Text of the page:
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Data Cleaning with Excel

Through this guide you will learn tricks and tips to better clean and organize tabular data using Microsoft Excel.

Splitting Multi-Valued Cells

A 'value' in a spreadsheet file is simply the contents of any given cell. A frequent need in data cleaning is to take a group of cells in which multiple values, or types of content, have been added, and break them out into new columns for each type of data. We'll demonstrate how to do this using a date field in the NEISS small subset spreadsheet. A full date consists of three combined values, day, month, and year, which could all be broken out.

Screen Clipping showing the end result of the cell-splitting operation described on this page. After the operation, new cells created to hold a date field's split-up data now hold the day, month, and year data in separate columns.

Step 1: Convert a Date-formatted Cell to Text

  • Treatment Date is an existing, date-formatted column in the NEISS small subset dataset. Next to it create a new column called 'Reformatted Date.' In this example, Treatment Date is column B and Reformatted Date is column C.
  • In the second cell of this new column (directly under the header) type the formula: =TEXT(B2, "dd mm yyyy")
  • A new, text-formatted version of the date has populated in cell C2. Notice that month and day have changed places, so now day is first.
  • Double-click the plus sign at the bottom of cell C2 to copy this formula down the entire spreadsheet
  • If you click into any of the cells in Column C, you'll see in the formula bar that Excel still thinks of the values of column C's cells as formulas. To replace the formulas with the values themselves, click on C2, then do Ctrl (Cmd in Mac) + Shift + down arrow. This selects all the values in column C. Click Ctrl (or Cmd) + c to copy all the values, then right click on C2, scroll down to Paste Special, and choose the Values option.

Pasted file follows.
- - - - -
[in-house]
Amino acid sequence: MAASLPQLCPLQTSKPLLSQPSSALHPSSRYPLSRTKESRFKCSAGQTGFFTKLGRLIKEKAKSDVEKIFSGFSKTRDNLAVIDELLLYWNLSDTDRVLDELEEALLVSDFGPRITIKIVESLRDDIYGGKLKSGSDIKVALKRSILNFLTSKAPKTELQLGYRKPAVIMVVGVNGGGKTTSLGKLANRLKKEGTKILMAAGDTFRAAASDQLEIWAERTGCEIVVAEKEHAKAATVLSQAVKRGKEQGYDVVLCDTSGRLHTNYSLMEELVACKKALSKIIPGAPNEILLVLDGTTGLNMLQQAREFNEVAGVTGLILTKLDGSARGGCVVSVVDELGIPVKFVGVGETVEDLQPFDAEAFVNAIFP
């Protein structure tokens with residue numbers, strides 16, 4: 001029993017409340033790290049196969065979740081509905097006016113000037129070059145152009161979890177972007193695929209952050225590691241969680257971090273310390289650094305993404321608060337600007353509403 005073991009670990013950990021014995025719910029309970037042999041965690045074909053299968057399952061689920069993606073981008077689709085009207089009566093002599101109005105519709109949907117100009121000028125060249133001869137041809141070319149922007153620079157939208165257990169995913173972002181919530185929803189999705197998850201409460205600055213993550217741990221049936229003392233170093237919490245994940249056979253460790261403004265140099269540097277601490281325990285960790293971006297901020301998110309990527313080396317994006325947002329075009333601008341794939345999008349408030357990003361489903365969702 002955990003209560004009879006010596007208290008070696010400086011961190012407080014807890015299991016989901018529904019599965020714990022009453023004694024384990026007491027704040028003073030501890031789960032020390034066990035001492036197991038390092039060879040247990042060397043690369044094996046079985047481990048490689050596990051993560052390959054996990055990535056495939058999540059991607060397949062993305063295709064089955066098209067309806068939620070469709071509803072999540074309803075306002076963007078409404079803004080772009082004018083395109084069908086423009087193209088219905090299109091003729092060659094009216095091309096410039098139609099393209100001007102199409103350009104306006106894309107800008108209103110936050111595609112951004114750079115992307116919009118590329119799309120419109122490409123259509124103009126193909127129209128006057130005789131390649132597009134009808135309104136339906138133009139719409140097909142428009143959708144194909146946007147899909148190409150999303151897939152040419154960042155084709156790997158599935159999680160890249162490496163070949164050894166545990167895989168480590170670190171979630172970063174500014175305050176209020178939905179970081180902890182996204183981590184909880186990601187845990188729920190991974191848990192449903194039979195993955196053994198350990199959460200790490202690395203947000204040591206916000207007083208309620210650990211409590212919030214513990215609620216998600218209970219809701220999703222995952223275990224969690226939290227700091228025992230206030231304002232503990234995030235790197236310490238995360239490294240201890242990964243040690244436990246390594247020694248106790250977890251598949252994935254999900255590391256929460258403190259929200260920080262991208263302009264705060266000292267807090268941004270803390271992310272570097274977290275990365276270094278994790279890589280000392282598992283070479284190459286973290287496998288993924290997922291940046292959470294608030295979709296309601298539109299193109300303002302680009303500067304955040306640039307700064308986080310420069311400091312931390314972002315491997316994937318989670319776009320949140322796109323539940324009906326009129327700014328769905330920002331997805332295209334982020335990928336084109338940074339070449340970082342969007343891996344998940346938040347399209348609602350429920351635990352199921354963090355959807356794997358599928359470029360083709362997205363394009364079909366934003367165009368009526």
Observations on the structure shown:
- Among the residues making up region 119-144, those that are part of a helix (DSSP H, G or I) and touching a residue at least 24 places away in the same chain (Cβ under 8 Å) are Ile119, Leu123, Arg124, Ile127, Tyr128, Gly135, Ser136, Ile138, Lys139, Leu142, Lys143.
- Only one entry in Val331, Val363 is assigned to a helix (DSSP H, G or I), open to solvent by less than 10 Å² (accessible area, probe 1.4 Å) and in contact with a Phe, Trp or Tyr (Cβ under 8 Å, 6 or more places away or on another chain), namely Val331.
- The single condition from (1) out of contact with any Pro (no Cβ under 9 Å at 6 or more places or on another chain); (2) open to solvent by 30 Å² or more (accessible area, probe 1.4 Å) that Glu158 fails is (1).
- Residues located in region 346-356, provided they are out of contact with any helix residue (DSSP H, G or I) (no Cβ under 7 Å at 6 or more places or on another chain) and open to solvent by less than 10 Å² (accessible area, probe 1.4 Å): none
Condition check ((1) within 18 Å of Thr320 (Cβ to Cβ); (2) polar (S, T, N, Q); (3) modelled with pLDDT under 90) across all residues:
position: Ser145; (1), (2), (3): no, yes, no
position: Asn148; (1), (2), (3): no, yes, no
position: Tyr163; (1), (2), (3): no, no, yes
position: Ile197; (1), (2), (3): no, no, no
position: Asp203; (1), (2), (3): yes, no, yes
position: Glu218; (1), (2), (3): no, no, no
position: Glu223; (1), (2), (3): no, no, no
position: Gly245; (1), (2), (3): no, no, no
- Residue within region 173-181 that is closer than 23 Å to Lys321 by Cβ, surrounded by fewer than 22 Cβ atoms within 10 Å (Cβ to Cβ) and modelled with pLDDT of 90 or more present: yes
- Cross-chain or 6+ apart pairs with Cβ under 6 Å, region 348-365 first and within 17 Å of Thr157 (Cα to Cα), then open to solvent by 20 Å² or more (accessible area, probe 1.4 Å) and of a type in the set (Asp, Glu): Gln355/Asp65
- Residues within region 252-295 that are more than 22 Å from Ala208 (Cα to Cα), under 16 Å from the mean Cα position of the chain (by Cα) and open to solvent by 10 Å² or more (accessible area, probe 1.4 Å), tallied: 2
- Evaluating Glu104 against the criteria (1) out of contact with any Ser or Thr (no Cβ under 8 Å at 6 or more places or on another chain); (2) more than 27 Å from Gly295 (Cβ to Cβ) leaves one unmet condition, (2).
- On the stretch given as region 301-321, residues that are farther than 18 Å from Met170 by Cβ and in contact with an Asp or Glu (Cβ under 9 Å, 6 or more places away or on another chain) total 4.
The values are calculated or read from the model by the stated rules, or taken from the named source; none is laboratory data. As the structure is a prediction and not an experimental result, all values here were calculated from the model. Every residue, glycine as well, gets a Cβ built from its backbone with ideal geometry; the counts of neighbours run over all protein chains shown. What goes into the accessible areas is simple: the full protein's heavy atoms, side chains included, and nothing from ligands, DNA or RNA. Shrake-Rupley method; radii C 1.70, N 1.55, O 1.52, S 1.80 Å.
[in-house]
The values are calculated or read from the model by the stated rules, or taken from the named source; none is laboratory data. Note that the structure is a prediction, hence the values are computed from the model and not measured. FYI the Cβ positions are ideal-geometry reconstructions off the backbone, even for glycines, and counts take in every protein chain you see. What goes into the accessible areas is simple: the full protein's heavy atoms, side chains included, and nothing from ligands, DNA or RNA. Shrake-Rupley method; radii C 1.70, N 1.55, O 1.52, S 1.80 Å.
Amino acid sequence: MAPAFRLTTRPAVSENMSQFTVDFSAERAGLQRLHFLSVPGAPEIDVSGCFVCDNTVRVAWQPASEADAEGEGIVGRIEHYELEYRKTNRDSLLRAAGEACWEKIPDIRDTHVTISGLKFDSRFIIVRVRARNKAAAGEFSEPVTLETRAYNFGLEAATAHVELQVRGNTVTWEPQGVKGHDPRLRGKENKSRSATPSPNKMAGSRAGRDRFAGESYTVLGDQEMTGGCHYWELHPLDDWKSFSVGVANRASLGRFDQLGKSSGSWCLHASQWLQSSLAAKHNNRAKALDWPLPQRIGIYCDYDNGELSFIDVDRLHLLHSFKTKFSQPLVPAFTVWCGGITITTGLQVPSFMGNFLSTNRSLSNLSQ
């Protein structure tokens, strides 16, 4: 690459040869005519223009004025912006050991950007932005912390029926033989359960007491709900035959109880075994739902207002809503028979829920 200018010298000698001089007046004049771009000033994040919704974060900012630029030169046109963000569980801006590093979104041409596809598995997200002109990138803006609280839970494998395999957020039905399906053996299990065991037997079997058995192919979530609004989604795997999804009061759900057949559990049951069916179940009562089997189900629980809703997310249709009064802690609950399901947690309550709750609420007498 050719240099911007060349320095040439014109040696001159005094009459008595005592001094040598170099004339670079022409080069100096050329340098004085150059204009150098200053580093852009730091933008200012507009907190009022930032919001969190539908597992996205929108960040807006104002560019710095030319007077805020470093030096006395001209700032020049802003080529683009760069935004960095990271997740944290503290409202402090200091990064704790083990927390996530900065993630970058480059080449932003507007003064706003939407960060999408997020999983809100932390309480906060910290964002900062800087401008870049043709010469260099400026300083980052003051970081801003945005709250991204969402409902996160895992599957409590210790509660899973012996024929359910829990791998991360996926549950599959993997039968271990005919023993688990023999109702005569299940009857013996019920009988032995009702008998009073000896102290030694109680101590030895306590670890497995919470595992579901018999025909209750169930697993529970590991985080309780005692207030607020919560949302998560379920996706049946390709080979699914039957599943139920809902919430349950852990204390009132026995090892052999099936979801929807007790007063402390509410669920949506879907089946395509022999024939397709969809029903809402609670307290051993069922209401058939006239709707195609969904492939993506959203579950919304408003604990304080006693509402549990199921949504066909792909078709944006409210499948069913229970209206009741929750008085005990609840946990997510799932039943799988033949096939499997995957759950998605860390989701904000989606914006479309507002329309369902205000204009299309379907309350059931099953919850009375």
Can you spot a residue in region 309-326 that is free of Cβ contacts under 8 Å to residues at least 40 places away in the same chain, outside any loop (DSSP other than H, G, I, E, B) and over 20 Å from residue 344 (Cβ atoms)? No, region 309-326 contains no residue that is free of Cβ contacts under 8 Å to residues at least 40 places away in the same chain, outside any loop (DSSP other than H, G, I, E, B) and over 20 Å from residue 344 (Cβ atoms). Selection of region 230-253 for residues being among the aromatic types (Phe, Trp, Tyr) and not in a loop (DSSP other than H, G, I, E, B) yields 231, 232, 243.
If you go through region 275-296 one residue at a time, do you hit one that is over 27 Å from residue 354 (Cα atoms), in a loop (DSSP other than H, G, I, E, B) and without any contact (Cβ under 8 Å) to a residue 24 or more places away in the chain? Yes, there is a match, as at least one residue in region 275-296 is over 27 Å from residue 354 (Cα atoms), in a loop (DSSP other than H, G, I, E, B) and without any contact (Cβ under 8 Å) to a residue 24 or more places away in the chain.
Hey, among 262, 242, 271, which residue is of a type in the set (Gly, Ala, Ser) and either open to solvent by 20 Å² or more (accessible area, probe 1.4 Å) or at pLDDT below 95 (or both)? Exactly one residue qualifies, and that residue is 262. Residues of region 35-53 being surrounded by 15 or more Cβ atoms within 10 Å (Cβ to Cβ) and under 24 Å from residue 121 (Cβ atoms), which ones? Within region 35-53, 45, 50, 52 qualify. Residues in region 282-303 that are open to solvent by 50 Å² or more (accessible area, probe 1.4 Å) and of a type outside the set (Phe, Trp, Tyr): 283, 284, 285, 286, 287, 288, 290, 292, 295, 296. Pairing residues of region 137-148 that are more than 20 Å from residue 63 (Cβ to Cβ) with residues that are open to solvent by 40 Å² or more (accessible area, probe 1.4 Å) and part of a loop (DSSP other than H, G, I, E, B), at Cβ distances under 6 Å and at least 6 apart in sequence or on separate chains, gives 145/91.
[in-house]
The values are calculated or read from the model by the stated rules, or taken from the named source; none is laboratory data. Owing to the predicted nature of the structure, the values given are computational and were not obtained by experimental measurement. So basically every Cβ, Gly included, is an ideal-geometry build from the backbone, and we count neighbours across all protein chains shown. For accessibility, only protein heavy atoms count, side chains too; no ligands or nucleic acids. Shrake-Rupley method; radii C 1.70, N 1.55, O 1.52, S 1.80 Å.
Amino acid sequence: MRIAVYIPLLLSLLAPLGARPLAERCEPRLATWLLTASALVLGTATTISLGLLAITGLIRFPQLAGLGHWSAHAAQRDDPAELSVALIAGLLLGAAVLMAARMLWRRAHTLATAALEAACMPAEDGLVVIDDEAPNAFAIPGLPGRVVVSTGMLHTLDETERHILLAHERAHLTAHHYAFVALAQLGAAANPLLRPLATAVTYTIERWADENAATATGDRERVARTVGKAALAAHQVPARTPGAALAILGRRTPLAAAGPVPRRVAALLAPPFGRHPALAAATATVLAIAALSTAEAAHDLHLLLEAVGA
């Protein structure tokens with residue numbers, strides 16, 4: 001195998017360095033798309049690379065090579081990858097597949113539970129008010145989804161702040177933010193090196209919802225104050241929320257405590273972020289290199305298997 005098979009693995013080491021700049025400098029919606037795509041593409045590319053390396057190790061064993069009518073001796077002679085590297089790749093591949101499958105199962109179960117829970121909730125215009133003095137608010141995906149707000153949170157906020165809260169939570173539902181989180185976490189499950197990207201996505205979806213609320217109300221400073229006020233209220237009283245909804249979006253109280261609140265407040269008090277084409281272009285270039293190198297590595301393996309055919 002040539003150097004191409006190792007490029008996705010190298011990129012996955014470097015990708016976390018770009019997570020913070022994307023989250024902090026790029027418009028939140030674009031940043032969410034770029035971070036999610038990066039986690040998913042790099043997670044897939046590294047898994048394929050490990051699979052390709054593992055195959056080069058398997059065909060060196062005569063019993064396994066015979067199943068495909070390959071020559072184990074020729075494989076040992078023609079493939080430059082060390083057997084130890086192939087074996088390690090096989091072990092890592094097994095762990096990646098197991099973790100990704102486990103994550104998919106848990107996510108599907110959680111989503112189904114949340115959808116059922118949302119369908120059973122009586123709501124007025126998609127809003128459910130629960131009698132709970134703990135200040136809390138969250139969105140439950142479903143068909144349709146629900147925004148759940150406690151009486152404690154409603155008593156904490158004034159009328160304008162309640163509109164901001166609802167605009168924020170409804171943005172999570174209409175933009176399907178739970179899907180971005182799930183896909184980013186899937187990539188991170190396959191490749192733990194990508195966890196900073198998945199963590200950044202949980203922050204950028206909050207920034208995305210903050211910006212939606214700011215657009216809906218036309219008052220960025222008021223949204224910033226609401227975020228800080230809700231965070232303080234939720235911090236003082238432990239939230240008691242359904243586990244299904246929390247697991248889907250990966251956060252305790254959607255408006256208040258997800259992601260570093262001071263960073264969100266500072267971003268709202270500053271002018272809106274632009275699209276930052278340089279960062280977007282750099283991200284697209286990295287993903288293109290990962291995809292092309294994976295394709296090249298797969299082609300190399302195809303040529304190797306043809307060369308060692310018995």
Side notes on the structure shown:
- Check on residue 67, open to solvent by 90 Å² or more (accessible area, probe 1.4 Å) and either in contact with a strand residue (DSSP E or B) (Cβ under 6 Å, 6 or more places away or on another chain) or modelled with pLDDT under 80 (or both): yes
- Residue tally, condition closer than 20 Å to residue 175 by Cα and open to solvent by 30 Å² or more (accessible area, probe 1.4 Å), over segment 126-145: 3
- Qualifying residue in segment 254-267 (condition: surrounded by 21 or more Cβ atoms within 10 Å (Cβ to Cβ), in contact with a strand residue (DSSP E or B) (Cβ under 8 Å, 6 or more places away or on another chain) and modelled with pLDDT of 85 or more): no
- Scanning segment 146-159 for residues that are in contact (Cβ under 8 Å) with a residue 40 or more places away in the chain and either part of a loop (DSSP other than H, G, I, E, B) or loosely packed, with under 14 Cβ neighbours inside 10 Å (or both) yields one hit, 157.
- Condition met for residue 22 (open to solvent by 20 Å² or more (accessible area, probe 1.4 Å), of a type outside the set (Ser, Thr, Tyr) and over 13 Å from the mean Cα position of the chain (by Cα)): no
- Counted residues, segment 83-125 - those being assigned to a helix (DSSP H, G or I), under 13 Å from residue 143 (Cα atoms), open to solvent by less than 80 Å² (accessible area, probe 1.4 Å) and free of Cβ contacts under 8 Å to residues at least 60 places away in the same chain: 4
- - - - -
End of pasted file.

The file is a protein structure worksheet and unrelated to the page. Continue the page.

• Scroll back over some of column C's cells, and check the formula bar. They should now all appear as values, not formulas.

An important step in prepping the dates for splitting is to copy and paste the values in the Reformatted Date column over themselves, thus overriding the formula. This screen clipping illustrates how to apply "Paste Special" in Excel.

The Text to Columns function will take text in one column and split it up into multiple columns. Using the Reformatted Date column from the previous exercise, follow the steps listed here to put each data element in its own column.

Step 2: Text to Columns instructions:

  • Create three new columns next to Reformatted Date and title them Day, Month and Year (columns D - F)
  • Click on C2, then do Ctrl (Cmd in Mac) + Shift + down arrow to select all the text date values
  • Click on the Data Tab, then Text to Columns (near the Center of the Ribbon)
  • The dialog box that pops up is a wizard that will walk you through some selections for creating your new columns. In the first screen, choose Delimited, then check the box by 'Space' (uncheck the others). Our values are delimited, or separated, by a space
  • For each of the three new columns you can see in the Data Preview window, change the column data format from General to Text
  • In Destination, click into the white box, then into the first field of the destination columns where this newly separated data will populate. This should be $D$2, the first field in the Day column. Then type : , delete anything that auto-fills, then type $F$4531, which is the last cell in the Year column. 
  • Click Finish
  • The three new columns you created in your spreadsheet should now have filled with the Day, Month, and Year respectively from the original dates.
  • As a final step, if you'd like to work with your newly separated dates as numbers, highlight cells D, E, and F from cell 2 to the bottom of the spreadsheet (highlight the first three rows, then do Ctrl (Cmd in Mac) + Shift + down arrow), click on the arrow to the right of the small diamond alert message that comes up, and from the options choose 'Convert to Number.'

Screen clipping showing the third step in the Convert Text to Columns Wizard. The circles highlight the importance of choosing the column format and location of appropriate destination columns for the newly split data.